Doing The Write Thing

Pens. We all use them, and even in a world that is becoming evermore reliant on computers, iPad’s, iPhone’s, the web and email, to my mind, receiving something that is hand written is still held in a higher regard than from any of the forementioned. And quite rightly so. There is still nothing nicer than an invite or a letter which has an element of ‘pen to paper’. It just feels more personal.

Don’t get me wrong, I’m a huge fan of technology and all that it delivers. I have a computer, iPad, iPhone and I seem to be ever so slightly obsessed with social media. And like you I would guess, there isn’t a day that goes by that I’m not sending emails, typing letters, in fact just tapping away on a keyboard.

So when it comes to writing, are we entering a time when pens become evermore unimportant?


Ancient Indians were the first to use the pen. According to ancient text the earliest of pens made in India used bird feathers, bamboo sticks, etc. The old literature of Puranas, Ramayana and Mahabharta used this kind of pen roughly 500 BC. Ancient Egyptians developed writing on papyrus scrolls when scribes used thin reed brushes or reed pens from the Juncus Maritimus or sea rush. Reed pens continued to be used until the Middle Ages although they were slowly replaced by quills from about the 7th century. The reed pen, generally made from bamboo, is still used in some parts of Pakistan by young students and is used to write on small boards made of timber.

The Quill pen was used in Judea to write some of the Dead Sea Scrolls which date back to around 100 BC. The scrolls were written in Hebrew dialects with bird feathers or quills. After the fall of the Roman Empire, Europeans had difficulty in obtaining reeds and began to use quills. Quill pens were still widely used in the 18th century, and were used to write and sign the Constitution of the United States in 1787.

So why should you have a good pen?  Firstly, and most importantly, a good pen is a joy to write with. When you find one that suits your style of writing, writing becomes a pleasure. It’s comfortable and dependable in equal measure.

But as funny as it sounds, having a good pen is a bit of a status symbol. Accessories play an important role in reinforcing ‘brand you’, and having a good pen in your inside pocket is an extention of your efforts in other directions. Rest assured, people notice. Rather like a good quality business card.

Not that it’s a pen they’re sparring over, but I’m reminded of the business card scene in American Psycho. Click here to view

There are three types of pen we all mainly use:

The Ballpoint pen

This dispenses viscous oil-based ink by rolling a small hard sphere, usually 0.7–1.2 mm and made of brass, steel or tungsten carbide. The ink dries almost immediately on contact with paper. This type of pen is generally inexpensive and reliable. It has replaced the fountain pen as the most popular tool for everyday writing. One common type of ballpoint pen is the erasable pen, invented in the 1980s.

The Fountain pen.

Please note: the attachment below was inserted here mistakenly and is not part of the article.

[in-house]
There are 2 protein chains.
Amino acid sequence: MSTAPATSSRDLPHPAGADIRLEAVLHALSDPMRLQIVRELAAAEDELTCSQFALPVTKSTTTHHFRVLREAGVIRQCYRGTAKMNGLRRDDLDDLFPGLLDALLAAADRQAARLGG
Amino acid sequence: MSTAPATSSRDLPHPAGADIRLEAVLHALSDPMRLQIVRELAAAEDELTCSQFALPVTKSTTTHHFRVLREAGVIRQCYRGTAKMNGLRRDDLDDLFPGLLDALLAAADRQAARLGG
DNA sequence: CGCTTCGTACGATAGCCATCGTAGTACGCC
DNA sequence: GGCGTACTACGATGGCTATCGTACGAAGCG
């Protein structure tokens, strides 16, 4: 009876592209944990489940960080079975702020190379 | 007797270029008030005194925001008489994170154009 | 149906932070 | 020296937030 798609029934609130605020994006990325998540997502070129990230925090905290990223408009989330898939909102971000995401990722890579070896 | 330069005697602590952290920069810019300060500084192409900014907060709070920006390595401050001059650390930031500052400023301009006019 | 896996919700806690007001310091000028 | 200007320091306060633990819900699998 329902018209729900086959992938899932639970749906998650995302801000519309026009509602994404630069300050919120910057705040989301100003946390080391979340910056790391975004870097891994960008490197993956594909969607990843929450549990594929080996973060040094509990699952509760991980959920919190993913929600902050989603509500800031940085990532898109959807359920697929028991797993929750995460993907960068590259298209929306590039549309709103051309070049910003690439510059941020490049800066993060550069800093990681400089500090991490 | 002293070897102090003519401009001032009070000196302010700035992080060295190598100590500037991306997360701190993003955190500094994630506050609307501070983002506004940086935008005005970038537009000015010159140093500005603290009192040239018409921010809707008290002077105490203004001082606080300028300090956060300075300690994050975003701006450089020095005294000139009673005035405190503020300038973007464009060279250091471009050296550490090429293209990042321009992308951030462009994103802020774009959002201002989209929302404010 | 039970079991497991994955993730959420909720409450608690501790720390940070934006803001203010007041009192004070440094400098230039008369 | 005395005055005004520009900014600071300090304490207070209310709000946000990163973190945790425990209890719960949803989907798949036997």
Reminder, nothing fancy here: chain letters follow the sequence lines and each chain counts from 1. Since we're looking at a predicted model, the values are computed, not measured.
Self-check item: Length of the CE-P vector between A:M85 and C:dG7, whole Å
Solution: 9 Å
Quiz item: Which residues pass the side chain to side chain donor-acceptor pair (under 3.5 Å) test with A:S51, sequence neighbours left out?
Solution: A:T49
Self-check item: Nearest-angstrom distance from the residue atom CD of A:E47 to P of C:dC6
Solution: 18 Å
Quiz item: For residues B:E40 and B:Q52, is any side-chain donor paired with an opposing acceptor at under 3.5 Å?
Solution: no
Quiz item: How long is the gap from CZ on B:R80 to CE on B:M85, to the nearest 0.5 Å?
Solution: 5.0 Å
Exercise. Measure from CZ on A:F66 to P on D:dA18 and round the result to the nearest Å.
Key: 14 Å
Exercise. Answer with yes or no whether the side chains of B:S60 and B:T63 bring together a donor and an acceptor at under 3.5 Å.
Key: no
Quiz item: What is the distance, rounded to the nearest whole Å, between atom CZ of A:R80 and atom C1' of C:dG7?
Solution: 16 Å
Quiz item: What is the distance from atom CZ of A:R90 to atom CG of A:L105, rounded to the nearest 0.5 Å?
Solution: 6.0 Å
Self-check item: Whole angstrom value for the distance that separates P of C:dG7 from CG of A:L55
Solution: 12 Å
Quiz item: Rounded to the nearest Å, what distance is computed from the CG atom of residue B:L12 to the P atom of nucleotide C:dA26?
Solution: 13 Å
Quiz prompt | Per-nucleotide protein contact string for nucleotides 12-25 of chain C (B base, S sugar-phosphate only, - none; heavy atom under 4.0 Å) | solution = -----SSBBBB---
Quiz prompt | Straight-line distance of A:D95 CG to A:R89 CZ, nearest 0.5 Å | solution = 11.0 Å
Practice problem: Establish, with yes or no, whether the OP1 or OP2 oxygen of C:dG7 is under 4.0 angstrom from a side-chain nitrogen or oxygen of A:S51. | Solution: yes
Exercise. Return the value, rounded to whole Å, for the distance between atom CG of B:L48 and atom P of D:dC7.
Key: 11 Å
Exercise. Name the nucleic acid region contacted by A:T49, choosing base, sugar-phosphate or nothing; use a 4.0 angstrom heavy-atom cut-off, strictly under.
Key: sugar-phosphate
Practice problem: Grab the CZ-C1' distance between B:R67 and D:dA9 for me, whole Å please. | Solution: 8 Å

This uses water-based liquid ink delivered through a nib. The ink flows from a reservoir through a “feed” to the nib, then through the nib, due to capillary action and gravity. The nib has no moving parts and delivers ink through a thin slit to the writing surface. A pen with a refillable reservoir may have a mechanism, such as a piston, to draw ink from a bottle through the nib, or it may require refilling with an eye dropper. Refillable reservoirs, also known as cartridge converters, are available for some pens designed to use disposable cartridges.

The Rollerball

This dispenses a water-based liquid or gel ink through a ball tip similar to that of a ballpoint pen. The less-viscous ink is more easily absorbed by paper than oil-based ink, and the pen moves more easily across a writing surface. The rollerball pen was initially designed to combine the convenience of a ballpoint pen with the smooth “wet ink” effect of a fountain pen.

Founded by the stationer Claus-Johannes Voss, the banker Alfred Nehemias and the engineer August Eberstein in 1908, the company began as the Simplo Filler Pen company producing up-market pens in the Schanzen district of Hamburg. Their first model was the Rouge Et Noir in 1909 followed in 1910 by the pen that was later to give the company its new name, Montblanc. The first pen (a fountain pen) known as the Meisterstück (English: “Masterpiece,” the name used for export) was produced in 1924. Today Montblanc brand is on other goods besides pens, including watches, jewel, fragrance, leather goods and eyewear.

The company was acquired by Dunhill in 1977, following which lower price pens were dropped and the brand was used on a wide range of luxury goods other than pens.

Today Montblanc forms part of the Richemont group. Its sister companies include luxury brands Cartier, Van Cleef & Arpels, Chloé, and Baume et Mercier. Montblanc is owned, through Richmont, by the South African Rupert Family.

Not to say this is a must, but for me, the pen that I’m never without is my Montblanc Meisterstück Le Grand ballpoint. It’s a classic that with a thick nib (you can choose of course) just glides across the paper. It’s a pleasure to write with.

It’s true, we do put pen to paper less than our predecessors did, but when we do write, it is nice to do it in style.

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